6 april 2016

[4C note: In a summary article on post-Paris climate news in The Nation, written apparently just before the massacre described below, Mark Hertsgaard wrote about the Bangladeshi movement that led thousands to defend the Sunderbars:

"One action in particular symbolizes what’s at stake. Bangladesh, with its low-lying topography, vulnerability to cyclones, and pervasive poverty, is perhaps the most climate-threatened major nation on Earth. But Bangladesh boasts an active civil society that is increasingly focused on the climate challenge. Recently, NGOs organized thousands of people to march over 100 miles, from the capital, Dhaka, to the Sundarbans tidal forest on the coast, a UNESCO World Heritage Site whose mangroves provide crucial protection against cyclones. The marchers were protesting an absurd relic of 20th-century thinking: plans to build two giant coal plants, which would not only make climate change worse but would occupy land certain to be flooded by the rising seas.

“'We will give our blood and our lives,” chanted the Bangladeshi marchers, “but not the Sundarbans'—a motto for all of us in the post-Paris era."

Bangladesh police charge thousands over coal plant protests

The Express Tribune, April 6, 2016

Bangladesh police on Tuesday charged thousands of villagers with vandalism and assault after demonstrations against a Chinese-backed power plant in which four protesters were shot and killed by police.

Dozens more protesters were wounded when police opened fire on Monday in the village of Gandamara on the southeastern coast where twin power plants are to be built in a $2.4 billion project backed by two Chinese companies.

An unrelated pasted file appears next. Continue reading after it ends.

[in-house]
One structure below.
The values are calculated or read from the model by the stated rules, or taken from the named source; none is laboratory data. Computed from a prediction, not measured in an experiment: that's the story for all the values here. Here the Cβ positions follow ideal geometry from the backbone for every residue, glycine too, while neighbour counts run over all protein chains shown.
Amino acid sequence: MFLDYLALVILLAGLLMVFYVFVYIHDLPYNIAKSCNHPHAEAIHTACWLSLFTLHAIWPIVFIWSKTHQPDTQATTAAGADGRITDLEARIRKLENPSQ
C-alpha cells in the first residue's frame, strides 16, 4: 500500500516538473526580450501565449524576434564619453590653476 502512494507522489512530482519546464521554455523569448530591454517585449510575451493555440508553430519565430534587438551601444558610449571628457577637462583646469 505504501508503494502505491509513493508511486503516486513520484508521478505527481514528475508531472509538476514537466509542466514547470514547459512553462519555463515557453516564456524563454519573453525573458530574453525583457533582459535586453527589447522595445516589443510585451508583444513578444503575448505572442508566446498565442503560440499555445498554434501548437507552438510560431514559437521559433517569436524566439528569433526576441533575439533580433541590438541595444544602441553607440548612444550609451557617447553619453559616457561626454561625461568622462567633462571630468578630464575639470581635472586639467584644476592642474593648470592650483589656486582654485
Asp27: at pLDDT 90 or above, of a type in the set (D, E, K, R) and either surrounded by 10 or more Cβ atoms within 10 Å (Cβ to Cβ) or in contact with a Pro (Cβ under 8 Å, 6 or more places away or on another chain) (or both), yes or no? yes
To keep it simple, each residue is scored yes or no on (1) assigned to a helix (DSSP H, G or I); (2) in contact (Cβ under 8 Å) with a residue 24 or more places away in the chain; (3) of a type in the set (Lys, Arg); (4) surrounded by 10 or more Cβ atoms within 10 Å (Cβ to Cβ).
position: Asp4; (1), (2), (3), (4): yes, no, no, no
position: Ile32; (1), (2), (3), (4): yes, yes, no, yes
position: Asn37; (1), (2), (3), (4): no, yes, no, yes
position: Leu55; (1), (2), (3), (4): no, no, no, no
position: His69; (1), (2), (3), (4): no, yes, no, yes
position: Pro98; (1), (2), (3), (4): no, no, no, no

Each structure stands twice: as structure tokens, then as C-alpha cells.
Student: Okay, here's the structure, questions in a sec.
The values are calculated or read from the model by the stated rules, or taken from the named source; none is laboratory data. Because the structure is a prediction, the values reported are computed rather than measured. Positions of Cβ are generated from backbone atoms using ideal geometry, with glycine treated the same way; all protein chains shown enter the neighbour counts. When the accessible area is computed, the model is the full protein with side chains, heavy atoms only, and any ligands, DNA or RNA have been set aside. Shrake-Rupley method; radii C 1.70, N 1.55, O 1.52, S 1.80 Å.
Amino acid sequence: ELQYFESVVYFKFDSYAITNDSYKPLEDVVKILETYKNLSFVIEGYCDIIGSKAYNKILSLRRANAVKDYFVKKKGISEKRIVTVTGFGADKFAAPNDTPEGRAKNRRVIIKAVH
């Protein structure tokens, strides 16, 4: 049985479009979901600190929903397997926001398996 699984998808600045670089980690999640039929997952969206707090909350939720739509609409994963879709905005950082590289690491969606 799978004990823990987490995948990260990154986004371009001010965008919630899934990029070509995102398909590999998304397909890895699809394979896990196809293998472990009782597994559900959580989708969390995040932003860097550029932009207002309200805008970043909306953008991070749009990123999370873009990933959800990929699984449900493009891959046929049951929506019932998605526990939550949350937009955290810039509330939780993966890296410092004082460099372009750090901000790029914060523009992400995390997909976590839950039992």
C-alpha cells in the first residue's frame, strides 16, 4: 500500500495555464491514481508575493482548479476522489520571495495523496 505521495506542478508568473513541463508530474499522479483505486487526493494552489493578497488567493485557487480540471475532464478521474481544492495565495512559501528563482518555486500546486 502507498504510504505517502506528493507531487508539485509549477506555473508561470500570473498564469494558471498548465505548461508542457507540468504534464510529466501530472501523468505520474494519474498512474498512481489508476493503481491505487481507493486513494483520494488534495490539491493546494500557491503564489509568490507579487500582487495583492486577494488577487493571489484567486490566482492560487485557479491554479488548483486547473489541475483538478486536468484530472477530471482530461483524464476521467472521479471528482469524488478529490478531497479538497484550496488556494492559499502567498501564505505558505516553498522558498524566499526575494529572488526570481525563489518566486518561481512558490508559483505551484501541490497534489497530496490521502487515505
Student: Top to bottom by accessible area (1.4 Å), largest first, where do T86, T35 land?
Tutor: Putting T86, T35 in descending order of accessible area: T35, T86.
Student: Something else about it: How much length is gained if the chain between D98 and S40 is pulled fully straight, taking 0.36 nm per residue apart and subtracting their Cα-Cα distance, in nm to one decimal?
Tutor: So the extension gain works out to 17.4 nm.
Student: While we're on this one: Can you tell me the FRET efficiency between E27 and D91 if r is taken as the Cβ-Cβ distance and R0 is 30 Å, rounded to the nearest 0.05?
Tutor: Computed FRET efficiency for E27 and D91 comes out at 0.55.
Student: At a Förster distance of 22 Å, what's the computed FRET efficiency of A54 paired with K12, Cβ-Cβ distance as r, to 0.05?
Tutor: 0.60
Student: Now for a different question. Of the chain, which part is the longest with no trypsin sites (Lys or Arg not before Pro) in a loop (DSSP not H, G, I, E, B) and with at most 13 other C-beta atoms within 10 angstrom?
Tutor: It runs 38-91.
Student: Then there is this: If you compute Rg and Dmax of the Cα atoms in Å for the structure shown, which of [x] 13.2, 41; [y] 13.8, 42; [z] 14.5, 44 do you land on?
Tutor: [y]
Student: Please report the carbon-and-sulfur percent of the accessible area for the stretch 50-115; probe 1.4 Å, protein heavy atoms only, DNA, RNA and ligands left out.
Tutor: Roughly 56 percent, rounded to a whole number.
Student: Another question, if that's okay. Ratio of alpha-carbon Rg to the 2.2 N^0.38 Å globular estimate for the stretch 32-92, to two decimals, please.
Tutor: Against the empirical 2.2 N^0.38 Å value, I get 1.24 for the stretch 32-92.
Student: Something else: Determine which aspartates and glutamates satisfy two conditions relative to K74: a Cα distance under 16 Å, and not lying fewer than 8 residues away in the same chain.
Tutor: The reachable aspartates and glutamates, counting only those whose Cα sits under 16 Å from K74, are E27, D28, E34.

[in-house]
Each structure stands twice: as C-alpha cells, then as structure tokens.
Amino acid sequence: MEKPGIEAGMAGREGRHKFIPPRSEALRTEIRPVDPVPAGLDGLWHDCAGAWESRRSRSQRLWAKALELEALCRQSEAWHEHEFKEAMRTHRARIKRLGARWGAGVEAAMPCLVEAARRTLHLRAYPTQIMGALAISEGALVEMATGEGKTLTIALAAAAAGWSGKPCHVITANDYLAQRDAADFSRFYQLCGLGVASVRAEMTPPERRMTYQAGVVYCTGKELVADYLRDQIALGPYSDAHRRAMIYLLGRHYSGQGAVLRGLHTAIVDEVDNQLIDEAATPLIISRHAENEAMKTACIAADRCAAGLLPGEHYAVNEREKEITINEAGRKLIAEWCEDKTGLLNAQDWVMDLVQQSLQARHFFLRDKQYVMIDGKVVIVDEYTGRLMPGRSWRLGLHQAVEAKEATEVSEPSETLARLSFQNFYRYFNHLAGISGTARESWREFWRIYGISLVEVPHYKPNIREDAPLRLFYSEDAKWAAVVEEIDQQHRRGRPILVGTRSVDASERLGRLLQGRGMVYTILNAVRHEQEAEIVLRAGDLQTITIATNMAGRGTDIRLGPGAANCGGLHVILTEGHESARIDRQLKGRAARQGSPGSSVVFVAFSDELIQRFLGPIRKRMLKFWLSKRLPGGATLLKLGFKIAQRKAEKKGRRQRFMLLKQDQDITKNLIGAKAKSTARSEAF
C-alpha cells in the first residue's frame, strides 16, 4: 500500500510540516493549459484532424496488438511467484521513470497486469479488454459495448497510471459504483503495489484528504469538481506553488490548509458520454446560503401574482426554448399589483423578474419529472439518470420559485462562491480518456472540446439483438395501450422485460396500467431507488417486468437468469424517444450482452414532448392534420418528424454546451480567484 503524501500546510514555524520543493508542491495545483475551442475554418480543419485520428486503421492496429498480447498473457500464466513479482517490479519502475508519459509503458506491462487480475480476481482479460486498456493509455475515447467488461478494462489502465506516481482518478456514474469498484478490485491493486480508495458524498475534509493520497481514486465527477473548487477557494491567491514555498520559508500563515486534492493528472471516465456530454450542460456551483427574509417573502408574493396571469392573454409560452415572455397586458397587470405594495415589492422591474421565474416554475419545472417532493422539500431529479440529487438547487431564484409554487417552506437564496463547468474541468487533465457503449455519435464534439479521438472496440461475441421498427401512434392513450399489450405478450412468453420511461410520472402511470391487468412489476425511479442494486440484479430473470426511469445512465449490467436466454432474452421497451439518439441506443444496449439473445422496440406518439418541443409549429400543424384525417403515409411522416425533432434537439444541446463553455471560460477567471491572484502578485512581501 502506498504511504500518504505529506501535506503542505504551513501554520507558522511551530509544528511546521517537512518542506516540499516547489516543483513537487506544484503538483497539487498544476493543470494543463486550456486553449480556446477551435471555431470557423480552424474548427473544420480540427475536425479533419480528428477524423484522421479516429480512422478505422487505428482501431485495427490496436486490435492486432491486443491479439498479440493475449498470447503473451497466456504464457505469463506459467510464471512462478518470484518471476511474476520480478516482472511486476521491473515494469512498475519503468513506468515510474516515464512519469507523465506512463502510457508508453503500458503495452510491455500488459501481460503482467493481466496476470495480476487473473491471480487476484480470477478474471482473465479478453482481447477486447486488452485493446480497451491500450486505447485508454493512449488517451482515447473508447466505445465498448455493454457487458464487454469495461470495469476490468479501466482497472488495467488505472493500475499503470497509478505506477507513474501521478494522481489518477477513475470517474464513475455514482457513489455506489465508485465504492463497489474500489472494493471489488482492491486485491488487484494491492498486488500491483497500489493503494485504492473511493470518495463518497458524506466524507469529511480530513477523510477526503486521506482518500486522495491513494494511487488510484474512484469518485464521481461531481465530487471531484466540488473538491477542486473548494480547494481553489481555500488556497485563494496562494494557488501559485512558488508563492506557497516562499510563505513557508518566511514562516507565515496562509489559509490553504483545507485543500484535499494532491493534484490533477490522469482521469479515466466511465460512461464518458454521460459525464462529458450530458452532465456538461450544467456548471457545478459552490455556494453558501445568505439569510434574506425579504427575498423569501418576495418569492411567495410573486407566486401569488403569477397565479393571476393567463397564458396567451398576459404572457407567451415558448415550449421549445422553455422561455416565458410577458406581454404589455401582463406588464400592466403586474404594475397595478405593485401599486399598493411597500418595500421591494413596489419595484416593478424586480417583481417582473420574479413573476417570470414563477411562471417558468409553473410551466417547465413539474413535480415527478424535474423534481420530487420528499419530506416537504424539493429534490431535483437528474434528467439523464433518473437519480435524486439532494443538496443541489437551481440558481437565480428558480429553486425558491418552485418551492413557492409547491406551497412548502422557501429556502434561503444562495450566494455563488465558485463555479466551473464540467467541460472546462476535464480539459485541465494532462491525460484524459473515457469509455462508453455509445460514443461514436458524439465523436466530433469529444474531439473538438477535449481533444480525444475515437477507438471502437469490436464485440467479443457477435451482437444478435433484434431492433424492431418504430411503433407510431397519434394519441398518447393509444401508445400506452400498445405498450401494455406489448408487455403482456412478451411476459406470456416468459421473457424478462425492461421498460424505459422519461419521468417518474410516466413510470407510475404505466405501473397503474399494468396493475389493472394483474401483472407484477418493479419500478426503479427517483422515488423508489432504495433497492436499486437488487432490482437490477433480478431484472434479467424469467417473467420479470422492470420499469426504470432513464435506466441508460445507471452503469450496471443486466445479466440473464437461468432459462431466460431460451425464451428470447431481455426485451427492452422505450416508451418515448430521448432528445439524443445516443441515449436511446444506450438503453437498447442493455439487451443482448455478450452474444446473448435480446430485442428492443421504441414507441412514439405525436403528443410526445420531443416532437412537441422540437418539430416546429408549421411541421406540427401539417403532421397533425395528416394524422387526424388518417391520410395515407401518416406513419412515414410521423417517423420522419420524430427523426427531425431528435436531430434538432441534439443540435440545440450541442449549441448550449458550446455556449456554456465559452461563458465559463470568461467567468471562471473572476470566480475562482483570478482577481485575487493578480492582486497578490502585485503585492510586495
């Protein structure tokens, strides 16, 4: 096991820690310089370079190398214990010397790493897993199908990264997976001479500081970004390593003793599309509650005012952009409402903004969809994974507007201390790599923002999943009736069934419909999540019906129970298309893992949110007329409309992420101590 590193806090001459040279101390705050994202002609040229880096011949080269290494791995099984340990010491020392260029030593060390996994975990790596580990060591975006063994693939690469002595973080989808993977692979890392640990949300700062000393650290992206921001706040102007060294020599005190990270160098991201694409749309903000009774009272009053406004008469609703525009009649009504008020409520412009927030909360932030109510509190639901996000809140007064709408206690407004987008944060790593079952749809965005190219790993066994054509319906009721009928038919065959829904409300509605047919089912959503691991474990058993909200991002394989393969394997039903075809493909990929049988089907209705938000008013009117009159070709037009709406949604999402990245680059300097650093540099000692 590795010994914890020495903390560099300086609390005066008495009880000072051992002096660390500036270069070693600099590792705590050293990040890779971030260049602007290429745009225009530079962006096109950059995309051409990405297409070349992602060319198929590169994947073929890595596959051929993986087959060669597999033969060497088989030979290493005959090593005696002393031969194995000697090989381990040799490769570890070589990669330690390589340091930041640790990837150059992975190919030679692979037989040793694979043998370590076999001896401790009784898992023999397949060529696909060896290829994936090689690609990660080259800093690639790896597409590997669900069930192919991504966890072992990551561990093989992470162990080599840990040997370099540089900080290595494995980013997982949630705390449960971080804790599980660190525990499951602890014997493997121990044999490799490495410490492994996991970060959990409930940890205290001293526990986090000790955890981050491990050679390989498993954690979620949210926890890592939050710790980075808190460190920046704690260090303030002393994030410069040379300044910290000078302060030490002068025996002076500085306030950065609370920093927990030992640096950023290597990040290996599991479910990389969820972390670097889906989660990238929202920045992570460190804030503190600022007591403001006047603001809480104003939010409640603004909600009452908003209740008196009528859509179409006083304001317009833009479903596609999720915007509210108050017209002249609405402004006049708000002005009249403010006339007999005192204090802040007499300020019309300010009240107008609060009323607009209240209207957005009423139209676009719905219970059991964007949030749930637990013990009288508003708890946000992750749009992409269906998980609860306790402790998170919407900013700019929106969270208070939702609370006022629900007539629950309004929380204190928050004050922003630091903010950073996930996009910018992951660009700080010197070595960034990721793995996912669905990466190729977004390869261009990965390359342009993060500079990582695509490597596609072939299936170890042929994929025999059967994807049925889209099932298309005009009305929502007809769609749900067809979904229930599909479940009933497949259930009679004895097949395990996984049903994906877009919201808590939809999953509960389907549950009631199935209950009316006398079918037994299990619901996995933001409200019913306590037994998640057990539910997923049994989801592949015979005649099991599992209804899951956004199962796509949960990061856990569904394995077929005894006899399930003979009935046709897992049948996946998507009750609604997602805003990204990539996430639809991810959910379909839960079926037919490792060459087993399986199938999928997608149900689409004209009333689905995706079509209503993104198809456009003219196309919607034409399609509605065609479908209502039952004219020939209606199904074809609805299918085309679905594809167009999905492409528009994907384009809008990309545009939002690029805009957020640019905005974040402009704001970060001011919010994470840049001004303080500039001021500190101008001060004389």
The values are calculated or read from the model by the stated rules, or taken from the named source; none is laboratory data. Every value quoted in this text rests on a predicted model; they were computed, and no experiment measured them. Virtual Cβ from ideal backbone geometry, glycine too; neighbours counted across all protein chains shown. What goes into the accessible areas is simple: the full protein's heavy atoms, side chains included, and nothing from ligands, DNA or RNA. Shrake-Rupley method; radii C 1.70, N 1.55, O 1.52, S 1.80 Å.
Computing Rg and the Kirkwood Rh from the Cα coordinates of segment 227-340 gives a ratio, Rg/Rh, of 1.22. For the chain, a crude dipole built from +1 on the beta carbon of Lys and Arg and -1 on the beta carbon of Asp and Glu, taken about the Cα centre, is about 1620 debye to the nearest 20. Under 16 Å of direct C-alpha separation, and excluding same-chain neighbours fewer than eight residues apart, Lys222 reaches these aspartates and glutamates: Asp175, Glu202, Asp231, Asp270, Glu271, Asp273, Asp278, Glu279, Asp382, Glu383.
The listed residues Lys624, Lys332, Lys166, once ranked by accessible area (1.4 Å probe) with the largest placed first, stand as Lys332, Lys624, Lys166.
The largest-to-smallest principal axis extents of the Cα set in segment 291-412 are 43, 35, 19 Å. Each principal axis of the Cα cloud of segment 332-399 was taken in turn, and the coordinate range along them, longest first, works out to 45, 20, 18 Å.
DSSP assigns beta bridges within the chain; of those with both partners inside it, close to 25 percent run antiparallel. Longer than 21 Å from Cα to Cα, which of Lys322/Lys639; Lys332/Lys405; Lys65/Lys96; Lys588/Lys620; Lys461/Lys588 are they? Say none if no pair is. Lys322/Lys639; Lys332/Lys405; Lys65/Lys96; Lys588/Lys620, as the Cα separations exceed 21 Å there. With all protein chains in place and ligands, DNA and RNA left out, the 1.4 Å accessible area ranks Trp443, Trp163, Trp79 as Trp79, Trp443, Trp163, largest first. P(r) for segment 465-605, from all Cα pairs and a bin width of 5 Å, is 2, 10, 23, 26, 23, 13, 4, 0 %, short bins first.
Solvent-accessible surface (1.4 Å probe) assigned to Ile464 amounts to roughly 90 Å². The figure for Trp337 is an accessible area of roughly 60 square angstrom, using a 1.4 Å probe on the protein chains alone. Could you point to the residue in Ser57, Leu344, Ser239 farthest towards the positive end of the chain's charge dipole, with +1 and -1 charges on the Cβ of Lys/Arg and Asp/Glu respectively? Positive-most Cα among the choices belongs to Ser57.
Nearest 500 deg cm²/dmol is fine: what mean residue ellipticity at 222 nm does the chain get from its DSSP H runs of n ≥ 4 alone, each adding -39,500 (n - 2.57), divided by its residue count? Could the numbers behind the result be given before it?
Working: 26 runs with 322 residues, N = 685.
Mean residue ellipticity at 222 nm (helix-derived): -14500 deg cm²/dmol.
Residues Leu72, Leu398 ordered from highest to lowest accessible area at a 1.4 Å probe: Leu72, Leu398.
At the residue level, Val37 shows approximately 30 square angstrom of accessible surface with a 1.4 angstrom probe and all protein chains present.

The villagers say their protests were peaceful but police say 11 officers were hurt, including one who was shot in the head. They have arrested at least three villagers over the violence.

“We’ve filed cases against around 3,200 people for the violence. We’ve identified 57 of them but the rest are unnamed,” local police chief Swapan Kumar told AFP.

Kumar said local people oppose the power plants because they fear the resulting pollution would damage the environment and force them from their homes.

The villagers had been holding peaceful protests for days after S. Alam Group, the Bangladeshi conglomerate behind the project, began levelling farmland in preparation for building the plants.

They fear the case registered by police could give authorities extra powers to harass or detain anyone protesting against the project.

“Police will now use their power indiscriminately against any villager who speaks against the plants,” a schoolteacher who lives in the village told AFP by phone on condition of anonymity.

Hundreds of villagers staged further protests against the plant on Tuesday, demanding justice for the four victims.

Local media reports say the group plans to build two coal-fired power plants on the site on the edge of the Bay of Bengal, with the capacity to produce 1,224 megawatts.

The two Chinese firms — SEPCOIII Electric Power and HTG — are financing $1.75 billion of the plants’ estimated $2.4 billion cost, the Daily Star newspaper said.

Authorities in Chittagong district, where the site is located, have ordered an investigation into the clashes.

They come after thousands of people demonstrated last month against plans to build massive coal-fired power plants on the edge of the Sundarbans, the world’s largest mangrove forest.

Experts say the plants would cause major damage to the delicate ecosystem of the area, home to endangered Bengal tigers and Ganges dolphins.

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